Think Negative! The Power of Defensive Pessimism

Think Negative! The Power of Defensive Pessimism

Negativity

We have been taught, since we were kids, that negative thinking is not good, and only positive thoughts can help produce positive results. Yet growing up, I never became an optimist.

I guess it developed in high school when I started hoping for the top scores in exams, best grades in class, and great recognition from my teachers, but always end up falling short of my expectations. I realized that hoping too much for something does not help my morale when I fail. And as a kid, I always experience failure.

Since then, getting a score lower than what I am expecting won’t make me sad. Not winning a contest that I knew I have no chance of winning won’t make me cry. I practice and study hard, but I don’t expect much. Little did I know, I am already employing defensive pessimism.

According to Julie K. Norem, PhD, a professor of psychology at Wellesley College. Defensive pessimists employ a calculated form of negative thinking to produce a positive outcome. She added that, “Defensive pessimism is a strategy used in specific situations to manage anxiety, fear, and worry

Defensive pessimists, like me, set their standards low, and then follow up with a detailed plan to avoid situations that might go wrong. Once they visualized the scale of bad things that might happen, they become proactive in keeping their plan smooth sailing.

Negativity has its positive side as well, and being one for many years made me learn to channel my negativity to produce positive results.

Here’s how I apply my negative mind-set to get positive results in life:

1. Master one’s fears and worries

It is counter intuitive to use pessimism to battle stress, fears and worries, but it does work. Being a pessimist, I always think of stress as a result of a problem. So what I do is control my fears, make plans, and be proactive in solving my problems. As the great athlete Georges St-Pierre said, “It’s OK to get butterfly in your stomach; the key is to learn how to make them fly in formation.

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2. Productivity is possible

Defensive pessimists worry a lot, but instead of letting it hurt them, they use it as driving force to become productive. Whenever I have loads of projects, I imagine bad things that may happen if I do not finish everything on time. The result is I work harder and better to fulfill my tasks.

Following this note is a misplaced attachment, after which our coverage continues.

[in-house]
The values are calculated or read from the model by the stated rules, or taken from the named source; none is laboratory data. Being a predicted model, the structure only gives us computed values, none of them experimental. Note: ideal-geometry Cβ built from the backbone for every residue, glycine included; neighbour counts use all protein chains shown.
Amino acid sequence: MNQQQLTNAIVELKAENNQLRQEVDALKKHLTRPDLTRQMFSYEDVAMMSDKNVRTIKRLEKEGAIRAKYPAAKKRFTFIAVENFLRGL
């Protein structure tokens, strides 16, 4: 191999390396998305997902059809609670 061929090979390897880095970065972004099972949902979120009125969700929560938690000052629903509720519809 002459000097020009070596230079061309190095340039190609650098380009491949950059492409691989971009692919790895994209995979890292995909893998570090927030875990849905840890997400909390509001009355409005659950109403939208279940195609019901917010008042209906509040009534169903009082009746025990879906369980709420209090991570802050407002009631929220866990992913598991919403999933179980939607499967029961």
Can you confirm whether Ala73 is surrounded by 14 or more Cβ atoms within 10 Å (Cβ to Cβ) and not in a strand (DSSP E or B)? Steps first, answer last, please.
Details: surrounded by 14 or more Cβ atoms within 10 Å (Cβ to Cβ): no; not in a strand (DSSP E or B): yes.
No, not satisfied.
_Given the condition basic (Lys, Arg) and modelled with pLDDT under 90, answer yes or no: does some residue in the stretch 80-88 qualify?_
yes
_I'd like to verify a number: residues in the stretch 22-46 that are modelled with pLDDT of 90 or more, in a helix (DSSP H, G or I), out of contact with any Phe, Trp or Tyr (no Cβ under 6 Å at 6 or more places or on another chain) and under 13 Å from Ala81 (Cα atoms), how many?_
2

3. Develop passion for excellence

Negative people always worry that they won’t meet the standards of other people, that their best is not enough to impress them. In my case, I work hard and make sure that my work is great before I submit it. Even if this means, I’d have to work all night. What matters most is that I won’t be humiliated with the quality of work that I did.

4. Competitiveness becomes second nature

A lot of pessimists become competitive without their knowledge. It probably comes from their passion for excellence. Personally, being competitive helps me plan better, and execute potent solutions. It also helps me to reach my full potential.

5. Ready and prepared for possible problems

Grace under pressure – this is not how best to describe a pessimist. I don’t like encountering problems, so even before I lose my composure during difficult situations, I make sure that I already have contingency plans in case something goes wrong. Prefactual thinking is one of defensive pessimism’s essential component; making us great planners and organizers.

To use pessimism to produce positive results can make you successful in life.  Lawrence Sanna, PhD, a professor of psychology at the University of North Carolina at Chapel Hill says that defensive pessimists “tend to be very successful people, and so their low opinion of the outcome isn’t realistic; they use it to motivate themselves to perform better.”

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Indeed, being too pessimistic is not helpful. Negative thoughts can hinder people to be dynamic in solving problems, thus worsening a situation. But if you take control of your fear, and focus on solving what’s bothering you, that’s the time that you learn to empower yourself. I am happy that I learned to use defensive pessimism, maybe you should use it too.

Do you want to know if you are a defensive pessimist? Try this test to know.

(Photo credit: We Heart It )

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